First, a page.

In males, infertility is estimated to be present at a rate of around seven percent and may be a factor in up to fifty percent of infertile couples. Western medicine has little to offer men in the treatment of most male fertility disorders, particularly where substandard sperm is the issue.
Traditional Chinese Medicine (TCM) considers male infertility to be related to the correct functioning of the Kidney, Liver and Spleen. The Kidney is known as the ‘root of life’ – it stores the Jing (essence), governs birth, development and reproduction, controls the lower orifices and is the gate to Ming Men (warming the lower Jiao, Jing and harmonising sexual function). The Liver regulates the movement and volume of blood, circulates the Qi to prevent obstructions and controls the sinews (including the penis). The Spleen is the root of the acquired Qi and through its transforming and transporting function contributes to the development of blood Yin and Yang which are necessary for reproductive processes to occur.
Sperm is probably most closely connected with the Kidney Jing. It is the Yang of the Kidney that gives sperm their motility, warms the seminal fluid to prevent it being thin and watery, and provides the spark for libido and orgasm. The Yin controls substance and is represented by quantity of seminal fluid, sperm count and morphology, and control over ejaculation. Jing essence manifests in poor sexual development or premature ageing. Liver blood deficiency can lead to a decline in Jing (fertility).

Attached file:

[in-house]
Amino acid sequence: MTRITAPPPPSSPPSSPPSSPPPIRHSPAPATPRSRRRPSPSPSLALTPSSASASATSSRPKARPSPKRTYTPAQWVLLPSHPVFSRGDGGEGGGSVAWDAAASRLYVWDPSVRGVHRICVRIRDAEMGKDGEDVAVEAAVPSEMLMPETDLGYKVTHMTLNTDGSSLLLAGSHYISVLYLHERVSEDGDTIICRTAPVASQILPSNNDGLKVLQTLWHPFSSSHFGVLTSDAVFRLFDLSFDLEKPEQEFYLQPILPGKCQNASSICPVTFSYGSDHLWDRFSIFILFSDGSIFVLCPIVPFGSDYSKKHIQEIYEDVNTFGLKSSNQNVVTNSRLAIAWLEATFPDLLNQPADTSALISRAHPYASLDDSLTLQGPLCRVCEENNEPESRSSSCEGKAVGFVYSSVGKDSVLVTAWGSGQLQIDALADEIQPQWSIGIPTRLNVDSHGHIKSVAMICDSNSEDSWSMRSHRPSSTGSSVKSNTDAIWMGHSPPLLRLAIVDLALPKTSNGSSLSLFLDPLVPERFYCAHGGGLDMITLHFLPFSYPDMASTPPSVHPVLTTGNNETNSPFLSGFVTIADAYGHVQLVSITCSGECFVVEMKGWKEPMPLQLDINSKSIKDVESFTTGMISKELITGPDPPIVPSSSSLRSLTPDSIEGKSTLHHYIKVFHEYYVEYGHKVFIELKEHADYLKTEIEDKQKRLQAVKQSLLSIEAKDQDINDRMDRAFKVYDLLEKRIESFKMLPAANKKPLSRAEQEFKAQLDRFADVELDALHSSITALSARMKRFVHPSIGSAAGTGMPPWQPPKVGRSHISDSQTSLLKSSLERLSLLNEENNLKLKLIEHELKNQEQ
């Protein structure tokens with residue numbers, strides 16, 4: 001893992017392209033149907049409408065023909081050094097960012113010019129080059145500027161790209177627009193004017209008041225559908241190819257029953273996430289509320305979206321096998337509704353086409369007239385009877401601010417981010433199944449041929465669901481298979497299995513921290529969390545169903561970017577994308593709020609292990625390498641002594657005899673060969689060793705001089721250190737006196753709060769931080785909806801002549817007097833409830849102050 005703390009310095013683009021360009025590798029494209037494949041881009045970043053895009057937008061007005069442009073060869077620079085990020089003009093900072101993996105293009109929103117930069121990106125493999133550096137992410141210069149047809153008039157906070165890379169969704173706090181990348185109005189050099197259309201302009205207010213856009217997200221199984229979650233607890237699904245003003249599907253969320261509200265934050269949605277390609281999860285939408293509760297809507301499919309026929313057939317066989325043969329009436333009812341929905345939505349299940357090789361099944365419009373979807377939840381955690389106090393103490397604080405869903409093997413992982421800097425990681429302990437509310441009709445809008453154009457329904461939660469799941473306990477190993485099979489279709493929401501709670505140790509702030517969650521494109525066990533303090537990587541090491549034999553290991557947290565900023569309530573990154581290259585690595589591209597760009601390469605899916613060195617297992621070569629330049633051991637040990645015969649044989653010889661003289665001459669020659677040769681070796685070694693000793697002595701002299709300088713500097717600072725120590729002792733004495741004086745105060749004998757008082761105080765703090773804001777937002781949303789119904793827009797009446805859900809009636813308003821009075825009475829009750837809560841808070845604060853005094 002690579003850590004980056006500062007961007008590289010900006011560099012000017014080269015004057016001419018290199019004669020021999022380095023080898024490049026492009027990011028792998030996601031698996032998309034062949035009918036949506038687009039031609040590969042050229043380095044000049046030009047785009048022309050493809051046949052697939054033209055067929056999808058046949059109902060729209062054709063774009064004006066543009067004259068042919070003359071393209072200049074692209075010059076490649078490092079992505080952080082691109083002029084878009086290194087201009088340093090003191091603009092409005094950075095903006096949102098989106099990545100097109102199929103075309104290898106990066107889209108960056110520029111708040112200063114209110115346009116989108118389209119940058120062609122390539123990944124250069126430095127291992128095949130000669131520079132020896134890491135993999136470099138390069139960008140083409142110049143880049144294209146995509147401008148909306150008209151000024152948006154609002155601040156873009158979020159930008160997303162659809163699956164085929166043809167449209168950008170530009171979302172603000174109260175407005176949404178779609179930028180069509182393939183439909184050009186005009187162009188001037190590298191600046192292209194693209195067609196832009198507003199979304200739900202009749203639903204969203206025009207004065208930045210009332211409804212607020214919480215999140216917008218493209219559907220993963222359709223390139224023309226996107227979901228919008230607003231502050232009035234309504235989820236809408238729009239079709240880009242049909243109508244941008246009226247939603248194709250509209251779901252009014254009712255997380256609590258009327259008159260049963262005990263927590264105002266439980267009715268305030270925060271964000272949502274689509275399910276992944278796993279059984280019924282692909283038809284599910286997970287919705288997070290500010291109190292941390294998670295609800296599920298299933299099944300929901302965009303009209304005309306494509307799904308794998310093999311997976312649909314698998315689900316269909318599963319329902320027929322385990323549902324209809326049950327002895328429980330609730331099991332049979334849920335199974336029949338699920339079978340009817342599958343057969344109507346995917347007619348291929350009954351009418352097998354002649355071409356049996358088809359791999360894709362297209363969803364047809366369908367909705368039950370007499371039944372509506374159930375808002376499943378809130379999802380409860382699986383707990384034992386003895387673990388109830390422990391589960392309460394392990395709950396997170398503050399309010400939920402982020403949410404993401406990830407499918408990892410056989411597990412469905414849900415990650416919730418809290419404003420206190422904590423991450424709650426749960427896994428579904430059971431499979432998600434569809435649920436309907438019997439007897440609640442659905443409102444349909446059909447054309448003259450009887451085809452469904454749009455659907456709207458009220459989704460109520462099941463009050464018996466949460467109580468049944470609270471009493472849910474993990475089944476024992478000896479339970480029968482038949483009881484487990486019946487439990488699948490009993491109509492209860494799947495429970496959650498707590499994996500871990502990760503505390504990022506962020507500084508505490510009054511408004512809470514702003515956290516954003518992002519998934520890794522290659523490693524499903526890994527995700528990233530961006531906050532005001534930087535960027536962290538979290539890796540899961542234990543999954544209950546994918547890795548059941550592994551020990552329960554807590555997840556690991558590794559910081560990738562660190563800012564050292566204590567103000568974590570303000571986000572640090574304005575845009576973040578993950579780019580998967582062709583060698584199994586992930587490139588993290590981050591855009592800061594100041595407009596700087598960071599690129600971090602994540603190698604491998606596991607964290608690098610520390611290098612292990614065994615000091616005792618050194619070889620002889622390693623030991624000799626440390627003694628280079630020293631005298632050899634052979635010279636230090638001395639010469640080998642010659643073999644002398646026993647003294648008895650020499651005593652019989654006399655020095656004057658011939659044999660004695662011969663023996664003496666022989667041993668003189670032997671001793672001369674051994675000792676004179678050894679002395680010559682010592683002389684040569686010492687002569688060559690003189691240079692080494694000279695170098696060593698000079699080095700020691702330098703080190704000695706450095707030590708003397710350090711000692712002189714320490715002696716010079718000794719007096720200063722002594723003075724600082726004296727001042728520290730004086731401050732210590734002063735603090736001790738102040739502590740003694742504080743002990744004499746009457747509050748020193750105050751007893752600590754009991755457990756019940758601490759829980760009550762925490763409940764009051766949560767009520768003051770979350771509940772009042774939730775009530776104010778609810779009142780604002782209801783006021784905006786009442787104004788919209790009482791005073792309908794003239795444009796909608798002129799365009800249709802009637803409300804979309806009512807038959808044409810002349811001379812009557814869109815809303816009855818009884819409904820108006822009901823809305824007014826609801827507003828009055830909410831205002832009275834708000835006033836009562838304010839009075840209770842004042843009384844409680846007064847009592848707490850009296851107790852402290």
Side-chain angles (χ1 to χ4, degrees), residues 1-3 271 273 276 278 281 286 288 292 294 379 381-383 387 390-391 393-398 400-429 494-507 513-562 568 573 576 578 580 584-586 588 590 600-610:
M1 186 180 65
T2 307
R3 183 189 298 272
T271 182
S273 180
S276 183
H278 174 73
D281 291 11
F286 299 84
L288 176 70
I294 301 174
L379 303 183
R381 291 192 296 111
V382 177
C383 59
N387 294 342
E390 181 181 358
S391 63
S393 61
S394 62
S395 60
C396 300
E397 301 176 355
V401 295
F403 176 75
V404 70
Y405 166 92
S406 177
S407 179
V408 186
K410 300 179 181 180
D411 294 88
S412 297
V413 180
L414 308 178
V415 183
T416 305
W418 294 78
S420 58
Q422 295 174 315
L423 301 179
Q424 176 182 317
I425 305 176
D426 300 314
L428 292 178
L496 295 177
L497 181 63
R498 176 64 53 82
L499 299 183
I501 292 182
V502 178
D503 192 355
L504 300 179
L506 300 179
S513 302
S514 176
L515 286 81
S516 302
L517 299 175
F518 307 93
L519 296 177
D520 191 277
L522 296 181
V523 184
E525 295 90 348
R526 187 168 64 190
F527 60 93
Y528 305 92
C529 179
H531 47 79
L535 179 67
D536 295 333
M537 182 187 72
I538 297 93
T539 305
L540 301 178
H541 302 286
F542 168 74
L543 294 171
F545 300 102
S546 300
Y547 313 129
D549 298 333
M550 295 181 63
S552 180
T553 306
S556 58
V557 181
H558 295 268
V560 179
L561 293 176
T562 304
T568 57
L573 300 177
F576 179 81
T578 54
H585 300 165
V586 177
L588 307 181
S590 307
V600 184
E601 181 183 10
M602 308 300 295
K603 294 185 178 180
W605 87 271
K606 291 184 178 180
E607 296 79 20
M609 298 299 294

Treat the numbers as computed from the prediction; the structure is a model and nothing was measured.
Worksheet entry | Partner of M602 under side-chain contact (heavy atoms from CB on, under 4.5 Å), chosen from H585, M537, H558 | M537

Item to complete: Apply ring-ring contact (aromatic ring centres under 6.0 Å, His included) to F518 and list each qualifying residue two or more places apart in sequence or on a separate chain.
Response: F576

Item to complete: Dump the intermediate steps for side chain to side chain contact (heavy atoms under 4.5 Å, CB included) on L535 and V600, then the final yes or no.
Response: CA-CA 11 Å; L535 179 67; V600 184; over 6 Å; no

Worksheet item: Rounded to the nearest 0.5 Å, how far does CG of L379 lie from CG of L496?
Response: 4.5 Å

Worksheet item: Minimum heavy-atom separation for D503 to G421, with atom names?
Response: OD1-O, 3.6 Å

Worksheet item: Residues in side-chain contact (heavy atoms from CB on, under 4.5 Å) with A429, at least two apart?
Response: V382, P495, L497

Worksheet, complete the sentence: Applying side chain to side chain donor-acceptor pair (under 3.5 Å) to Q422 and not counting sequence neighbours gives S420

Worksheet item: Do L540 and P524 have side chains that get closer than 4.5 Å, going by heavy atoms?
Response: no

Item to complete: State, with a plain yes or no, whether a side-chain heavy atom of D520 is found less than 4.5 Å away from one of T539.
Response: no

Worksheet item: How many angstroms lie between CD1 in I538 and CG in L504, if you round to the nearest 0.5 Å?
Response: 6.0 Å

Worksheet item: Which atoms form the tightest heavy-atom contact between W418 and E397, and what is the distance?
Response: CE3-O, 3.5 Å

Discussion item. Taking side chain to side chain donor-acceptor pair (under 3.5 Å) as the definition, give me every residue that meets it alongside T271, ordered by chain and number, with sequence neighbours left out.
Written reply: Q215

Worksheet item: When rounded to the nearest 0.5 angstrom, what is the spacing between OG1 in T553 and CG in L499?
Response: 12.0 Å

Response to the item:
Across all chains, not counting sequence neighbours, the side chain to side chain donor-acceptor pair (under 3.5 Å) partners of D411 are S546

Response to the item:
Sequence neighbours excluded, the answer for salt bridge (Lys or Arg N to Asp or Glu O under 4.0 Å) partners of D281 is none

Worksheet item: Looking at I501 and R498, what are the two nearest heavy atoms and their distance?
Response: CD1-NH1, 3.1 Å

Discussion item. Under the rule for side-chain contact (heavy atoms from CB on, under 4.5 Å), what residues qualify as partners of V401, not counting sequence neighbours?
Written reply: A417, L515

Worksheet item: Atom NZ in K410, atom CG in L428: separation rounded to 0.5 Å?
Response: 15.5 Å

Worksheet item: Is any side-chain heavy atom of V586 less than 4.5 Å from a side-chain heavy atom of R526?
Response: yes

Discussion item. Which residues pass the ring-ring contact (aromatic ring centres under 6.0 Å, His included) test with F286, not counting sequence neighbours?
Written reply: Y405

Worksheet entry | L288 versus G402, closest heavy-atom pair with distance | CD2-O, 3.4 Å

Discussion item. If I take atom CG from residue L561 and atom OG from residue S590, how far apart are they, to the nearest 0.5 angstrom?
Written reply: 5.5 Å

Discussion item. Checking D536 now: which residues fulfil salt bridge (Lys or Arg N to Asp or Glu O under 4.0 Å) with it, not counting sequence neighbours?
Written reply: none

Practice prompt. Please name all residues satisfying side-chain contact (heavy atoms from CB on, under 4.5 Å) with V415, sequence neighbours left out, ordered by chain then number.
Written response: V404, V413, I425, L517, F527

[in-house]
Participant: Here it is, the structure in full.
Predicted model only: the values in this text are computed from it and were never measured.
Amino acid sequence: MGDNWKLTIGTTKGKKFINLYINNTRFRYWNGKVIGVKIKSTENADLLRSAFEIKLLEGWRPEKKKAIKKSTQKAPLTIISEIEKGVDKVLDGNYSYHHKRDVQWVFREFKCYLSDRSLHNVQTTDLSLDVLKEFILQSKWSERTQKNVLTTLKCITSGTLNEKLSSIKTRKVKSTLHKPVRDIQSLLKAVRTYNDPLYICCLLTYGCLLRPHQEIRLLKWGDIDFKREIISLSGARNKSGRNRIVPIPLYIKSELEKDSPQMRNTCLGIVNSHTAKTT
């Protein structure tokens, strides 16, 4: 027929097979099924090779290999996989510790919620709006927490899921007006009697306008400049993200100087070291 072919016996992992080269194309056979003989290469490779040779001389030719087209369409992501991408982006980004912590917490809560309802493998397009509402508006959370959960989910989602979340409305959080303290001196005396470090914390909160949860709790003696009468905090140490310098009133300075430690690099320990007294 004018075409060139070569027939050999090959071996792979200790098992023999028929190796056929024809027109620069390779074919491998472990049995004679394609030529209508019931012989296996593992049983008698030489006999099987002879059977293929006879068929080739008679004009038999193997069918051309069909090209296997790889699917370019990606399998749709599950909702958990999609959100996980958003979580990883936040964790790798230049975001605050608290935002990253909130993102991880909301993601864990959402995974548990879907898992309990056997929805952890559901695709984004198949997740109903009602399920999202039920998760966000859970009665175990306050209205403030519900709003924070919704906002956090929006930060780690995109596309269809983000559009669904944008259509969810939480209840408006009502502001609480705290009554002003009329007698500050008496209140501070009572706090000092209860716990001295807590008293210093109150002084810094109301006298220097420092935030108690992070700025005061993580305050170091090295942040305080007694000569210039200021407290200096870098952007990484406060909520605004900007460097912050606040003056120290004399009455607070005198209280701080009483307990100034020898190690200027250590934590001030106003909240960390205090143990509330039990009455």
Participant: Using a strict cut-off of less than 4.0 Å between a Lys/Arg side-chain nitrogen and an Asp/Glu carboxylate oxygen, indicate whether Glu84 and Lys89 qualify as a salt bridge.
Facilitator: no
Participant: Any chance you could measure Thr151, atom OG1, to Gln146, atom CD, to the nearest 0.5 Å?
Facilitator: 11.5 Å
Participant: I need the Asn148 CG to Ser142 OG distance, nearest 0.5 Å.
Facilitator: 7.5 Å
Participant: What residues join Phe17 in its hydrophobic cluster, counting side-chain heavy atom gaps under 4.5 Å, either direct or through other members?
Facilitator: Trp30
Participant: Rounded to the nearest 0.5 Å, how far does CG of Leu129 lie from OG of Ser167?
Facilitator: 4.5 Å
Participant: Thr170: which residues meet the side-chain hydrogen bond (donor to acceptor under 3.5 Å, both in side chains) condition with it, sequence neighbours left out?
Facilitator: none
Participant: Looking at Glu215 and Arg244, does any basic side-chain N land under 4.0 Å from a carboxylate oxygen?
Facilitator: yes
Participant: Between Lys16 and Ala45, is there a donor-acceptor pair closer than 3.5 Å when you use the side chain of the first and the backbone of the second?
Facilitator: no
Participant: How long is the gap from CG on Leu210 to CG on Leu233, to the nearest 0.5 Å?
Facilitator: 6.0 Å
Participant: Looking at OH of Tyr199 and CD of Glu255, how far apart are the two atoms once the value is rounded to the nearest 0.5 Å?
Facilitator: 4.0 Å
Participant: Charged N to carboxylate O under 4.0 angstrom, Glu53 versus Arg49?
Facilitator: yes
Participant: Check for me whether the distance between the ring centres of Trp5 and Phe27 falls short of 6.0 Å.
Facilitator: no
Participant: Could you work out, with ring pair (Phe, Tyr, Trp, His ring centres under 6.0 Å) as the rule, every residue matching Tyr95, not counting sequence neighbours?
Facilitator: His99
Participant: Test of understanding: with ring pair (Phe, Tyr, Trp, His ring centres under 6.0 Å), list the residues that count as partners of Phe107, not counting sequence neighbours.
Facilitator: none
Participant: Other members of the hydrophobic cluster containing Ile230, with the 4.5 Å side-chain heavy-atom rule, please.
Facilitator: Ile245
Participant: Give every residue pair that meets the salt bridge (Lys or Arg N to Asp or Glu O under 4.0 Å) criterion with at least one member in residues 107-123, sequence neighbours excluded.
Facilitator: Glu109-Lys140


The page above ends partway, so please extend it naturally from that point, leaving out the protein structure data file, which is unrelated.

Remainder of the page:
Damp heat can cause obstructions within the genital region in the form of infections and this can reduce male fertility and sexual function. Men over the age of 35 have a decline in their sperm parameters. Traditional Chinese medicine equates this to a Kidney deficiency. Kidney depletion are situations that wear out the body - that is chronic illness, excessive ejaculation and exercise, or overwork.
Dysfunction is created in the Liver by the emotions of anger, frustration and repressed emotion, a greasy and spicy diet, excessive alcohol intake (creating too much heat) and a sedentary lifestyle. The Spleen is harmed through difficult to digest foods contributing to a lack of nutrients to nourish the Jing and blood, a predominance for worrying or overthinking, and exposure to damp environments.
Studies suggest that acupuncture given twice per week for between five and ten weeks can significantly improve sperm count, concentration, morphology, and rapid motility.
The body of evidence supporting acupuncture and Chinese Herbal Medicine for improving sperm parameters is small but growing. Western pathology provides an accurate tool for measuring the extent of sperm disorders and TCM provides treatment to significantly improve sperm parameters where there is currently no comparable Western medical option.
If you’re interesting in improving your sperm parameters to increase your fertility, book an Acupuncture appointment at Wellnation Clinics.